When People Hate You, When You Hate People

When we hate others, it is really because we hate ourselves

That is one of those quotes: those self-enlightening ‘I’m so smart’, ‘yes, I’m talking about you guys, not me’ quotes. I used to have it on hand as a weapon of sorts, tutting over it inwardly when I found myself in difficult situations with others. Of course, I was unaware that by doing that, by excluding myself from the quote, I was doing the very thing it nutshells: I was PROJECTING.

Projection is my latest ‘oh, that’s interesting’ moment. I think projection to be the root of all evil, and also every fork in the road of every life ever lived. I also think it necessary to be dramatic about a dramatic concept, and I immediately knew that I owed projection more than a skim-off-the-top understanding. So below is a simplified analysis, and, if I may, a humble solution for the great satan. Before we go on, you should be thinking of these things: paranoia, misjudgement, jealousy, delusion, self-hatred, compulsion. Consider those things as inborn parts of yourself, even if you’re a really sweet person; consider them to be an inherent part of yourself that you cannot help but express against your will, and more importantly, against your knowledge. Now you are ready.

Essentially, we are all walking the earth knifing each other with the ‘dark sides’ of our personalities. Within the idea of projection is one concept that I consider the ‘life-changing’ portion. Carl Jung’s ‘The Shadow’.

Introducing Carl Jung quote one: “As we repress the things we despise in ourselves and refuse to acknowledge them, they remain burned in the psyche and form the shadow which is essentially what one has no wish to be. We then project, like puppets pulled by the strings of our unconsciousness.”

So, there are things about ourselves we don’t like, but then there are the things about ourselves we are in absolute denial about. No one admits to being envious, yet we are all capable of envy, doesn’t matter what of. We could, for example, mask it as indignation: believing that someone possesses something wonderful, yet, they are completely undeserving of it for a reason we ourselves have calculated. But jealousy stinks. So what usually happens next is, instead of telling yourself that you smell, you develop a disgust for the one or the thing that highlights what you perceivably lack. And you draw up very detailed, very false reasoning for your hatred. Only, you do not know of any falsehoods. So, using a teenaged me as an example: loud people disgusted me solely because loudness (I should say expressed confidence) demonstrated a level of ignorance that being shy and quiet did not, and not because I felt insecure about my natural default. If it is not obvious, the latter was true.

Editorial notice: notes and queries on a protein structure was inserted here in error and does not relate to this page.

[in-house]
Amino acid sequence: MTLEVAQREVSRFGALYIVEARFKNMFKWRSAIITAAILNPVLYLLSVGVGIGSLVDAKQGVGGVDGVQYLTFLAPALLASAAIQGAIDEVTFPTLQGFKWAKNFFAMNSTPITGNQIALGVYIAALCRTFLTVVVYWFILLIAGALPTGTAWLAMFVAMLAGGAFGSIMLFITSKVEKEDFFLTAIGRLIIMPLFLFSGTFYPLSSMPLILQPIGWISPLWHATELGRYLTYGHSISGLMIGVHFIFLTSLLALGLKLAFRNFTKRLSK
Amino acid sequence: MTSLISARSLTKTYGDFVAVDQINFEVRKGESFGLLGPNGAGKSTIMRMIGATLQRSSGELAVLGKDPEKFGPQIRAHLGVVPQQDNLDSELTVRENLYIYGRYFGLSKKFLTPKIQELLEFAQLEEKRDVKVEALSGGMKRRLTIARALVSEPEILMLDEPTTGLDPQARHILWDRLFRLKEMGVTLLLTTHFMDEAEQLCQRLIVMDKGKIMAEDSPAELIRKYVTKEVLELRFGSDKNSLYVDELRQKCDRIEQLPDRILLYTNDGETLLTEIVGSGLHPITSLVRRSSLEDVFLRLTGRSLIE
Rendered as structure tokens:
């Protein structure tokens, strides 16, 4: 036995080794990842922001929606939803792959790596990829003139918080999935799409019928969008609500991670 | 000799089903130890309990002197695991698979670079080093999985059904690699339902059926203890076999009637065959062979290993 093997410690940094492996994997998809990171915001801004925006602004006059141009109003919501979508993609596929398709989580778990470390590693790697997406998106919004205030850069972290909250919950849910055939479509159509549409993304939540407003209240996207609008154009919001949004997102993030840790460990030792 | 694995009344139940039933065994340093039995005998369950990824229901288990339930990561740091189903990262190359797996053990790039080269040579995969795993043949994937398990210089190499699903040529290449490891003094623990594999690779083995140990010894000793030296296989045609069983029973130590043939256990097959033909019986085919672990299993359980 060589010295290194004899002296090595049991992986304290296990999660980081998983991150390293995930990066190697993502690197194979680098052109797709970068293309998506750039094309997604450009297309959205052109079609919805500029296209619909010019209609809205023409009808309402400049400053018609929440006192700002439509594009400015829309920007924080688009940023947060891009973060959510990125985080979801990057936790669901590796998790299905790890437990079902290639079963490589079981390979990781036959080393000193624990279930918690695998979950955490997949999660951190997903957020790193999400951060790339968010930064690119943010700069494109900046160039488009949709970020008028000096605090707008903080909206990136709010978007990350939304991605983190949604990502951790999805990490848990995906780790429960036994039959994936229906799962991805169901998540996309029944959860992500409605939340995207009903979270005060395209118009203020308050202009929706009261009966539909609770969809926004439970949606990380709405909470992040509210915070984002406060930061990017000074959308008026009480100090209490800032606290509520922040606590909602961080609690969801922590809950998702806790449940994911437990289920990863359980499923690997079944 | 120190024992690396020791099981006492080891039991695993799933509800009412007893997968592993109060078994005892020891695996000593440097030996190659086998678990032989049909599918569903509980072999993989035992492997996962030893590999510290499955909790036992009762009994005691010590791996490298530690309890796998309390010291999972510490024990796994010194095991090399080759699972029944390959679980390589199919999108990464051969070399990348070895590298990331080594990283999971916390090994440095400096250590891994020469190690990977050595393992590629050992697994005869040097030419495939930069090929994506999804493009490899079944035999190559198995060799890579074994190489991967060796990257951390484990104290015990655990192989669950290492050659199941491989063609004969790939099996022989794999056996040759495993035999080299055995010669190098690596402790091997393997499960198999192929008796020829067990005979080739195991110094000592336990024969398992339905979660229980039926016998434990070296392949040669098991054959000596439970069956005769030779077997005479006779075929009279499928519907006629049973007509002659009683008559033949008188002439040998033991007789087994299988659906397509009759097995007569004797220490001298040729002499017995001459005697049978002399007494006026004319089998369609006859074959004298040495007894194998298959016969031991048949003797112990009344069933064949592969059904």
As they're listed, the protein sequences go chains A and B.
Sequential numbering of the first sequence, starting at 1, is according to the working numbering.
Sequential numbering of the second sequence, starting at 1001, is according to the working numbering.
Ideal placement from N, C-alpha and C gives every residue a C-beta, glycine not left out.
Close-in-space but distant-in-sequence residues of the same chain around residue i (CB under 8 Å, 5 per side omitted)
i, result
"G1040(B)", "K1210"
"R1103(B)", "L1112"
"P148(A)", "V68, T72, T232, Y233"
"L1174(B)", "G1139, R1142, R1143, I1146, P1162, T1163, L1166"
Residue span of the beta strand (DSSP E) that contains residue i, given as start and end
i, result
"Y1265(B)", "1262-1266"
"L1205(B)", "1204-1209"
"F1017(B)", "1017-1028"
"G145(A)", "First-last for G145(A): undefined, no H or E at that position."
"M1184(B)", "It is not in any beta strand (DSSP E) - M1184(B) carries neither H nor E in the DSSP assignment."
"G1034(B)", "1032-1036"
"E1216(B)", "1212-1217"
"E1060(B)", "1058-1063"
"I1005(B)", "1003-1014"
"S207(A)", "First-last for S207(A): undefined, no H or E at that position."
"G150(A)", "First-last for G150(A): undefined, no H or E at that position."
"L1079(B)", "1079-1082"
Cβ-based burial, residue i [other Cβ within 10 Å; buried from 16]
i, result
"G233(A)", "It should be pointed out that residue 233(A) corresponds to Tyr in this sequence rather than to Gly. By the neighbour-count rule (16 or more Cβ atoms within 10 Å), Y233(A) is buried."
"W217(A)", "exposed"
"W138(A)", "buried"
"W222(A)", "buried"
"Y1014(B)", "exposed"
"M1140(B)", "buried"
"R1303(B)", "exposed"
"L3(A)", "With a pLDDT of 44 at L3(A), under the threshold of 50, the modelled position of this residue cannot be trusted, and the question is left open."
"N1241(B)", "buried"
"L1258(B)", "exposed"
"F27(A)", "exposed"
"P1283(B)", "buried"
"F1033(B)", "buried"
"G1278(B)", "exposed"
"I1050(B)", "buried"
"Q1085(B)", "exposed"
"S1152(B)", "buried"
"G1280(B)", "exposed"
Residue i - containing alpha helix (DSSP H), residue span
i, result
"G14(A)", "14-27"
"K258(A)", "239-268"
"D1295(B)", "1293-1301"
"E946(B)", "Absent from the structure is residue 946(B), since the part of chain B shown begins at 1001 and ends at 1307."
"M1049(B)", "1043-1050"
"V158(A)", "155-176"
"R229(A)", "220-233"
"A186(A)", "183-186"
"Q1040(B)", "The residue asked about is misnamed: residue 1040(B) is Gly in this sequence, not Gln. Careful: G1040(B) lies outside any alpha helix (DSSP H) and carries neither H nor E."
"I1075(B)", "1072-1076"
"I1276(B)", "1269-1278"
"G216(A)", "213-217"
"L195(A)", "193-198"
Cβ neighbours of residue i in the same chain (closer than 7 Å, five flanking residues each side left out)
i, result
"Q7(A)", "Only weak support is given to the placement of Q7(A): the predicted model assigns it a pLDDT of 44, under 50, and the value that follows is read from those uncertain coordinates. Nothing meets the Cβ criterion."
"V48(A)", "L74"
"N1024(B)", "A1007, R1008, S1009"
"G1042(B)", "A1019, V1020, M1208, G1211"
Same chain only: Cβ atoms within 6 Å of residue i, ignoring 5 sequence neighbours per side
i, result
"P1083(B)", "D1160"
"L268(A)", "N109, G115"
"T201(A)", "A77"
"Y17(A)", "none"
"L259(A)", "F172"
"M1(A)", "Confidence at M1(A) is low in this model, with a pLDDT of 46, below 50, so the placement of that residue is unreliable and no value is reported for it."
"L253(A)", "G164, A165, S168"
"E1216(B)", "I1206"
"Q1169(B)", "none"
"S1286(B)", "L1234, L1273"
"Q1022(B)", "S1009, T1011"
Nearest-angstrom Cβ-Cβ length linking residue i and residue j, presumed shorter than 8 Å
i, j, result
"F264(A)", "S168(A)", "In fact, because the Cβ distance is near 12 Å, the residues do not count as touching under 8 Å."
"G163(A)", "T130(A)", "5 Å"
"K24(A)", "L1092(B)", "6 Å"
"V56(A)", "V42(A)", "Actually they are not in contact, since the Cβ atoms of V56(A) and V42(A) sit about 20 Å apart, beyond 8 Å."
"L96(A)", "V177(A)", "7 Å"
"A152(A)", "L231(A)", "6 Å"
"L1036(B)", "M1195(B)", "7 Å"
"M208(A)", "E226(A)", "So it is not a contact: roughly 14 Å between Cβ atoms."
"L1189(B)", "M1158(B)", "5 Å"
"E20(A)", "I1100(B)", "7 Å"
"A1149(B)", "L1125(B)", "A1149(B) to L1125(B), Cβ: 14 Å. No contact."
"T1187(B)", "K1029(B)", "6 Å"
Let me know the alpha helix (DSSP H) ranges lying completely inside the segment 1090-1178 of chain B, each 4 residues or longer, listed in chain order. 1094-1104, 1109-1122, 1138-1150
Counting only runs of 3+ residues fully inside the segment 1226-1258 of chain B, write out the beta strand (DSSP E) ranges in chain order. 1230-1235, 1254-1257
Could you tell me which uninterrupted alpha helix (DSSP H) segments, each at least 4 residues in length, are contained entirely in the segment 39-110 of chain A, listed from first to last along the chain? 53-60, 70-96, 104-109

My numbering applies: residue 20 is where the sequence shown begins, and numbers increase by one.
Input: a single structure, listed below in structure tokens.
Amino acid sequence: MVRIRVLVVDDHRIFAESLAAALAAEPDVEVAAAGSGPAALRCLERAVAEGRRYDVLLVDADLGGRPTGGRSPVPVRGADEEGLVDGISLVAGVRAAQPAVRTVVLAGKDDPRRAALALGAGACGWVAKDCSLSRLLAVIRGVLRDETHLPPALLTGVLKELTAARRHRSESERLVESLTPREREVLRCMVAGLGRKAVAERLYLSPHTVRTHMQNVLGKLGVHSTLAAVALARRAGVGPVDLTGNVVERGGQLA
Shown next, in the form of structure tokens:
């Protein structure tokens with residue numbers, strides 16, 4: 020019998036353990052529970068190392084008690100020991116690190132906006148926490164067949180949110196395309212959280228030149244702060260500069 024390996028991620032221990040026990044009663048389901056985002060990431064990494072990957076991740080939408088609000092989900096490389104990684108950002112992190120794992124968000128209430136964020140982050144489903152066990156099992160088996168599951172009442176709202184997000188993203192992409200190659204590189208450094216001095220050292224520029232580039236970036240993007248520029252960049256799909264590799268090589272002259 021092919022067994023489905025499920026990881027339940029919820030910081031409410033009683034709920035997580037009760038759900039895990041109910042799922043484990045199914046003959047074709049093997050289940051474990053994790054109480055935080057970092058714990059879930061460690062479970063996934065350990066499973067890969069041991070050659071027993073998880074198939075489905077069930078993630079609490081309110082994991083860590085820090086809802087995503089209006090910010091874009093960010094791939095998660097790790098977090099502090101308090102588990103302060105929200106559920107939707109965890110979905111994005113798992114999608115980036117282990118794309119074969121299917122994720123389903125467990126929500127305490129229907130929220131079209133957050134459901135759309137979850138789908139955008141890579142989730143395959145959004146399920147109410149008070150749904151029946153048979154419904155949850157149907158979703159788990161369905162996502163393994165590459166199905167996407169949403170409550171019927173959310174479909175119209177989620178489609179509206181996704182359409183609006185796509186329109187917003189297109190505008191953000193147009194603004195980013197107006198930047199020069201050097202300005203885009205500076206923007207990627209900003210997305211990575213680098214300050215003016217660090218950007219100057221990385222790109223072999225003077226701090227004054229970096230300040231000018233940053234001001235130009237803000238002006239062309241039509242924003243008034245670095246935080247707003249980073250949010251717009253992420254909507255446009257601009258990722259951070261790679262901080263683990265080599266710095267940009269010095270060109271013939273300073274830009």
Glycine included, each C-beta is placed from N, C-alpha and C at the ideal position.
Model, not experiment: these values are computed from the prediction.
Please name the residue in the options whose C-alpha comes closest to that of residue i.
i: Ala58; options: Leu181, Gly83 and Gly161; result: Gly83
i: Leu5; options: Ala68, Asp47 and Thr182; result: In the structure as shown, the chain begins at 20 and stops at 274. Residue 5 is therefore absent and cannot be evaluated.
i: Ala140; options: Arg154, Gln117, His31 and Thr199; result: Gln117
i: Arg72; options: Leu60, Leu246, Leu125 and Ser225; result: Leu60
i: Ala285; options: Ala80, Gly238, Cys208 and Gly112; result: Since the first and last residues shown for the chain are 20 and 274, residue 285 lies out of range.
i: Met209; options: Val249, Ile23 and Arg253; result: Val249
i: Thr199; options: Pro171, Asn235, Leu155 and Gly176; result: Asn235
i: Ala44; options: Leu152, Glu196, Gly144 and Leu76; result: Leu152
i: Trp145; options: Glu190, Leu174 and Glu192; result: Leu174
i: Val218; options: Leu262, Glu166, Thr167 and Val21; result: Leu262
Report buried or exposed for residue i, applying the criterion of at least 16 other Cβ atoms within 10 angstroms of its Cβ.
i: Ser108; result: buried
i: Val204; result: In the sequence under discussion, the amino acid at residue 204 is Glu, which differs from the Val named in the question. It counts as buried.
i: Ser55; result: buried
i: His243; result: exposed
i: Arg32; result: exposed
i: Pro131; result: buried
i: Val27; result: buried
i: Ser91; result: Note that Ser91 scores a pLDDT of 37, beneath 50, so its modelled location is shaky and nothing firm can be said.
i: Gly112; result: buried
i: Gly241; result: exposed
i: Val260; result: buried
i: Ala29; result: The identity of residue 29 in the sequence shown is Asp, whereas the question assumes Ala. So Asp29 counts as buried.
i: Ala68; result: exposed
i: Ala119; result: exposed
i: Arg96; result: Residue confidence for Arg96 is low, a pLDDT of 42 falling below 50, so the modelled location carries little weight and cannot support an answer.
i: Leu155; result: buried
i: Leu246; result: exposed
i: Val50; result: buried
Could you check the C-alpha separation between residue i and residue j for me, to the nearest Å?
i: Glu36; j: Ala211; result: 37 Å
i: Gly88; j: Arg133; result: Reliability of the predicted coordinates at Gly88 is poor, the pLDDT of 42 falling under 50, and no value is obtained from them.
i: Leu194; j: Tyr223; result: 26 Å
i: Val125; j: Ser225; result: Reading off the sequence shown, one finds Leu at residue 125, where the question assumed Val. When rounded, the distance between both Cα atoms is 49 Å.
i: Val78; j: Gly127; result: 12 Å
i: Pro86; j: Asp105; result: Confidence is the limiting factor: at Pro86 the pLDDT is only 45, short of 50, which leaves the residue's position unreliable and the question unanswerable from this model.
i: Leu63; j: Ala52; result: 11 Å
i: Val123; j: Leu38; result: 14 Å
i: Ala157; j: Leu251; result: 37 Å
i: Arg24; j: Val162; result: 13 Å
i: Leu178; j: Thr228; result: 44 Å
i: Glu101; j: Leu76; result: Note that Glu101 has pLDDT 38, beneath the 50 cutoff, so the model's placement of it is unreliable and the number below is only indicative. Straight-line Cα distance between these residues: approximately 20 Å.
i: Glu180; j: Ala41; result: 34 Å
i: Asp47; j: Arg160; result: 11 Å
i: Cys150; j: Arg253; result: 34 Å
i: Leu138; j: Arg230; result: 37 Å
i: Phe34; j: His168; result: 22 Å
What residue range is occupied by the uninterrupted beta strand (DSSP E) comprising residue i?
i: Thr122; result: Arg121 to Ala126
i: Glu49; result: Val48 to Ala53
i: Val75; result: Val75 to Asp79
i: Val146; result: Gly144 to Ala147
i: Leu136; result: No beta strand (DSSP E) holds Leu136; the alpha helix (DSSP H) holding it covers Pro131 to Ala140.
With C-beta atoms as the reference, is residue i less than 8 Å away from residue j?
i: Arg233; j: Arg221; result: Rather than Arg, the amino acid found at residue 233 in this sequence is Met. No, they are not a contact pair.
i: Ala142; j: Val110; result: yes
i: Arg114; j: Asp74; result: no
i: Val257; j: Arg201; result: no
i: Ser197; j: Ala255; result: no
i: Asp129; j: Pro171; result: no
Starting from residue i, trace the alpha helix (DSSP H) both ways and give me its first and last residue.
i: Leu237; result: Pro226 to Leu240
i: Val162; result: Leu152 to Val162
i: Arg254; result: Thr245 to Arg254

Introducing Carl Jung quote 2: “The effect of projection is to isolate the subject from his environment, since instead of a real relation to it, there is now only an illusory one. Projections change the world into a replica of ones own unknown face.”

I’d liken projection to war. It is a war between your conclusions that will to isolate you from the world, and reality that seeks to connect you with others. Yes, you are you, and your unique perception of everything (informed by both negative, positive and neutral projection) will permit you to move through the world as an individual fully contained within your own body and mind. So, the feeling of you vs the world is a natural one. But, falling into a rabbit hole of ideas authored only by you is a leap further then simply living within the constraints of your own experiences. Take Michael Yagoobian of ‘Meet the Robinsons’ (this blogpost’s featured image) and his transformation into ‘Bowler Hat Guy’ (please watch the film). It’s a cookie cutter story of what happens when you emerge from that rabbit hole of sad, predatory ideas about yourself and other people, and let rip on the world. It’s a narrative of the outcome of projecting the dark side of your personality over people who are (funnily enough) too wrapped up in their ‘shadows’ to own your shadow as well. More importantly, they are not who you’ve told yourself they are.